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  1. Abstract

    Accurate tracers of the stellar magnetic field and rotation are cornerstones for the study of M dwarfs and for reliable detection and characterization of their exoplanetary companions. Such measurements are particularly challenging for old, slowly rotating, fully convective M dwarfs. To explore the use of new activity and rotation tracers, we examined multiyear near-infrared (NIR) spectroscopic monitoring of two such stars—GJ 699 (Barnard’s Star) and Teegarden’s Star—carried out with the Habitable-zone Planet Finder spectrograph. We detected periodic variations in absorption line widths across the stellar spectrum, with higher amplitudes toward longer wavelengths. We also detected similar variations in the strength and width of the 12435.67 Å neutral potassium (Ki) line, a known tracer of the photospheric magnetic field. Attributing these variations to rotational modulation, we confirm the known 145 ± 15 day rotation period of GJ 699, and measure the rotation period of Teegarden’s Star to be 99.6 ± 1.4 days. Based on simulations of the Kiline and the wavelength dependence of the line-width signal, we argue that the observed signals are consistent with varying photospheric magnetic fields and the associated Zeeman effect. These results highlight the value of detailed line profile measurements in the NIR for diagnosing stellar magnetic field variability. Such measurements may be pivotal for disentangling activity and exoplanet-related signals in spectroscopic monitoring of old, low-mass stars.

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  2. Abstract We present a spectroscopic analysis of a sample of 48 M-dwarf stars (0.2 M ⊙ < M < 0.6 M ⊙ ) from the Hyades open cluster using high-resolution H -band spectra from the Sloan Digital Sky Survey/Apache Point Observatory Galactic Evolution Experiment (APOGEE) survey. Our methodology adopts spectrum synthesis with LTE MARCS model atmospheres, along with the APOGEE Data Release 17 line list, to determine effective temperatures, surface gravities, metallicities, and projected rotational velocities. The median metallicity obtained for the Hyades M dwarfs is [M/H] = 0.09 ± 0.03 dex, indicating a small internal uncertainty and good agreement with optical results for Hyades red giants. Overall, the median radii are larger than predicted by stellar models by 1.6% ± 2.3% and 2.4% ± 2.3%, relative to a MIST and DARTMOUTH isochrone, respectively. We emphasize, however, that these isochrones are different, and the fractional radius inflation for the fully and partially convective regimes have distinct behaviors depending on the isochrone. Using a MIST isochrone there is no evidence of radius inflation for the fully convective stars, while for the partially convective M dwarfs the radii are inflated by 2.7% ± 2.1%, which is in agreement with predictions from models that include magnetic fields. For the partially convective stars, rapid rotators present on average higher inflation levels than slow rotators. The comparison with SPOTS isochrone models indicates that the derived M-dwarf radii can be explained by accounting for stellar spots in the photosphere of the stars, with 76% of the studied M dwarfs having up to 20% spot coverage, and the most inflated stars with ∼20%–40% spot coverage.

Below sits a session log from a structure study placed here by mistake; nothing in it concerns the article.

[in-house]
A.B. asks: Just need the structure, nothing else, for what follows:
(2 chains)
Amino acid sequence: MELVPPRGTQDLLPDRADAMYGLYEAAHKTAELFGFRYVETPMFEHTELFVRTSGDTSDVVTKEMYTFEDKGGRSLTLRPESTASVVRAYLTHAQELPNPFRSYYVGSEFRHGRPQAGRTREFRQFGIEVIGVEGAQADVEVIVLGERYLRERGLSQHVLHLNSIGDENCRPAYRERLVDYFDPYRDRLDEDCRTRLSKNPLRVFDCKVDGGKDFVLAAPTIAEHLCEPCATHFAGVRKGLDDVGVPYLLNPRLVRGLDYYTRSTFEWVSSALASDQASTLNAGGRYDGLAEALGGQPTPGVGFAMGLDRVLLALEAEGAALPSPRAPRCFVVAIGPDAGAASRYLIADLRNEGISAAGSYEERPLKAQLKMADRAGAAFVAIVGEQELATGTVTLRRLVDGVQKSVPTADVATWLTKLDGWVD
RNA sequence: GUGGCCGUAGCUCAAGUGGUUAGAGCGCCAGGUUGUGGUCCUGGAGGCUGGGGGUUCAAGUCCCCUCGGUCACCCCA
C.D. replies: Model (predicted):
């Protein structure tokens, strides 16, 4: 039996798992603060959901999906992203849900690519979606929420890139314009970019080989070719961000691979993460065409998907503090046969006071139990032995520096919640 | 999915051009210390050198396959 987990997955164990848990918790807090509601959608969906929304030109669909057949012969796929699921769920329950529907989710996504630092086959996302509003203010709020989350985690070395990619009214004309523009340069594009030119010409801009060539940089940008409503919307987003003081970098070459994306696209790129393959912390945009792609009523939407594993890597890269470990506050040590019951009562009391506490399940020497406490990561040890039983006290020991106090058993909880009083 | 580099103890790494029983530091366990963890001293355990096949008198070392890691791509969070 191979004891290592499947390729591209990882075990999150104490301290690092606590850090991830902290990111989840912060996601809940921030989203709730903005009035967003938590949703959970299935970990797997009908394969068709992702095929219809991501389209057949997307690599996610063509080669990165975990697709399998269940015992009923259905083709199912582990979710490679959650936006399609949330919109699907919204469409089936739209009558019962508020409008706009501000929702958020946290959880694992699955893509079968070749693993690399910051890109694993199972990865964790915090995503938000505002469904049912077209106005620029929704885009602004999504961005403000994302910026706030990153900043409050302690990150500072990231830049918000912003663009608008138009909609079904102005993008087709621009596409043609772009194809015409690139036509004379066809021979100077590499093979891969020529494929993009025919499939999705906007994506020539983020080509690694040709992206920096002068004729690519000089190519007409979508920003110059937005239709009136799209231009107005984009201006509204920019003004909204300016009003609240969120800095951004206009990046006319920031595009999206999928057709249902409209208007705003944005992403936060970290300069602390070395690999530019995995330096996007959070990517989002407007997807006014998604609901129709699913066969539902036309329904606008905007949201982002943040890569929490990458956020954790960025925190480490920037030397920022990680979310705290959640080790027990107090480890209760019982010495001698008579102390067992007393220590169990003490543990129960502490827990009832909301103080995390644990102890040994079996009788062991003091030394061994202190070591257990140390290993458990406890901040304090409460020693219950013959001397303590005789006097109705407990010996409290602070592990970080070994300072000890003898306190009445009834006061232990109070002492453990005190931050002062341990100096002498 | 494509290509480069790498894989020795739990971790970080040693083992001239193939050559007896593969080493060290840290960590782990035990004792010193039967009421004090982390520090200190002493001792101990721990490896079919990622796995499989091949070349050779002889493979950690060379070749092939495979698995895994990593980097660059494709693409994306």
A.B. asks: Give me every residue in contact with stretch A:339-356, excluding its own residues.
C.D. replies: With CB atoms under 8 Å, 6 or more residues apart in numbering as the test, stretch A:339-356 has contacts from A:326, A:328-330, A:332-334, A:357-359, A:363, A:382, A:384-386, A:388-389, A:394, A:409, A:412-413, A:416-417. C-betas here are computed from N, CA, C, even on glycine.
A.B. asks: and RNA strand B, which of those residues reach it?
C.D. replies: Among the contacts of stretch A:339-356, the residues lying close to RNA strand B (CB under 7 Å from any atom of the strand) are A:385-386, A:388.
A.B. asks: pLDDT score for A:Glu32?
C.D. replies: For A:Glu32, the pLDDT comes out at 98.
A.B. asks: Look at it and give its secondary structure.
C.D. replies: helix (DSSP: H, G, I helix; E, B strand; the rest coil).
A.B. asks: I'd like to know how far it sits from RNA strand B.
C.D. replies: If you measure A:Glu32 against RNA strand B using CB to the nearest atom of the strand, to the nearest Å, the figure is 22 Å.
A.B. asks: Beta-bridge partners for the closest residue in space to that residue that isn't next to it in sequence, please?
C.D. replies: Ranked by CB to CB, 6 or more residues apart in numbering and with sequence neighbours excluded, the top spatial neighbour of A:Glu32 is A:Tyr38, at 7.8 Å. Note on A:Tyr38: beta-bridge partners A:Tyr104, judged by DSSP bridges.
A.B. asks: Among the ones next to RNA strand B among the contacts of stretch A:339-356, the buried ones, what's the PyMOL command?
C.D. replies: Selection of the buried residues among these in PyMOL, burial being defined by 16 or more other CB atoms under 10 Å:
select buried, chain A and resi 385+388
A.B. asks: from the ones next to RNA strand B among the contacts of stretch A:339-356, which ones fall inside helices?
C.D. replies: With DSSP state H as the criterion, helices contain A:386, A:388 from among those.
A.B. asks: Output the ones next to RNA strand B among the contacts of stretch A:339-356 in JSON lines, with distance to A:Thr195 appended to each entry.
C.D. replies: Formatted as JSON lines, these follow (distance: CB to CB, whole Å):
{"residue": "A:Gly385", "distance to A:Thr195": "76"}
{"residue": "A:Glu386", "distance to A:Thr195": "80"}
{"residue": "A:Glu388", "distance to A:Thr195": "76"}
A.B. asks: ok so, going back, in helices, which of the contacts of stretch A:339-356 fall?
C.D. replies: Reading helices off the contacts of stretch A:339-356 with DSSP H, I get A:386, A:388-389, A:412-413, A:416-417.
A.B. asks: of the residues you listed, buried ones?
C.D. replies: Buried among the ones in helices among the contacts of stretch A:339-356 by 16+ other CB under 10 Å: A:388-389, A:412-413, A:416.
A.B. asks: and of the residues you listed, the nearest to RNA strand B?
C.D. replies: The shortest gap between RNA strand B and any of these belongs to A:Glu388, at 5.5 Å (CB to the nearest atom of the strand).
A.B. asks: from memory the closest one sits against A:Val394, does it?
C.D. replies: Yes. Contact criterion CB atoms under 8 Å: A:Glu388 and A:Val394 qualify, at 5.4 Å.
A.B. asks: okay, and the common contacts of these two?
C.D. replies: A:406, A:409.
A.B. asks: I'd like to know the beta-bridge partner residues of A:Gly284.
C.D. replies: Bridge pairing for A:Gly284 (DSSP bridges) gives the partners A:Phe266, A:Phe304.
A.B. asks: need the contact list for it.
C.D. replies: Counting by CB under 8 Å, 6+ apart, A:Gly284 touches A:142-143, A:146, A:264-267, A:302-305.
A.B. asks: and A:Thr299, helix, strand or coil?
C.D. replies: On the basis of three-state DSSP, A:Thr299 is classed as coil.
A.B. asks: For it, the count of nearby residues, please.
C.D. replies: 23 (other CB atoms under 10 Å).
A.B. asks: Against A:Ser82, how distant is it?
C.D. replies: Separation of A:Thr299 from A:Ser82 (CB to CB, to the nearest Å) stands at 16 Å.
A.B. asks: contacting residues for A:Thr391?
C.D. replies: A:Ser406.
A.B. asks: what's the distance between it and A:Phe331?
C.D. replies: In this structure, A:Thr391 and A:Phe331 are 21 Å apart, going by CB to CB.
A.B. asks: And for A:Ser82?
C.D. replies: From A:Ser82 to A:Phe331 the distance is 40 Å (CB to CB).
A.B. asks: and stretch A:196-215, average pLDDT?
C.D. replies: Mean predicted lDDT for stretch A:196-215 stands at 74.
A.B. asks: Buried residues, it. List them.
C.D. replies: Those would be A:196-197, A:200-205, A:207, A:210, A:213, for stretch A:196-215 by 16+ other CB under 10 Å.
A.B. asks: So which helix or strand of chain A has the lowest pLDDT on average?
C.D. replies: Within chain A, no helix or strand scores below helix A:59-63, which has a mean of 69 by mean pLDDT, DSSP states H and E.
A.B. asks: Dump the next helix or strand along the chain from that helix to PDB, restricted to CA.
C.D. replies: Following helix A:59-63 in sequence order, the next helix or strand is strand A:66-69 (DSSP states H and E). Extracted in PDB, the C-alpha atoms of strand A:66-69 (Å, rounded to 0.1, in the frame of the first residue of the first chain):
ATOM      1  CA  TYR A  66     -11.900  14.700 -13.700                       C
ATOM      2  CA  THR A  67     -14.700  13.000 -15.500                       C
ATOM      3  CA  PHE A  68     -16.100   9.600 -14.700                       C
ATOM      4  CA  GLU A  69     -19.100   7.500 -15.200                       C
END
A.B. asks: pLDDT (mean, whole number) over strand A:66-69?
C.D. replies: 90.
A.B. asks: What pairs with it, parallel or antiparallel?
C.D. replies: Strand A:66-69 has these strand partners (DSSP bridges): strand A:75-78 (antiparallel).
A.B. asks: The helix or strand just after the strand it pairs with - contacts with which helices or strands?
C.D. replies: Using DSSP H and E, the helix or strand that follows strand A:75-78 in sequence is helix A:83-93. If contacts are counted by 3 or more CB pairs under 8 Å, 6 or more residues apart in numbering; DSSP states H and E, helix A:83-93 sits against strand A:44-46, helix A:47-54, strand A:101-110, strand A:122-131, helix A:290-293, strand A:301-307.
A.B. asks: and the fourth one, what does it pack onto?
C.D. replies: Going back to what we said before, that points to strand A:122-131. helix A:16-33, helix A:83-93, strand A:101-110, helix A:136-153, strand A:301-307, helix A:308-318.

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    Free, publicly-accessible full text available July 1, 2024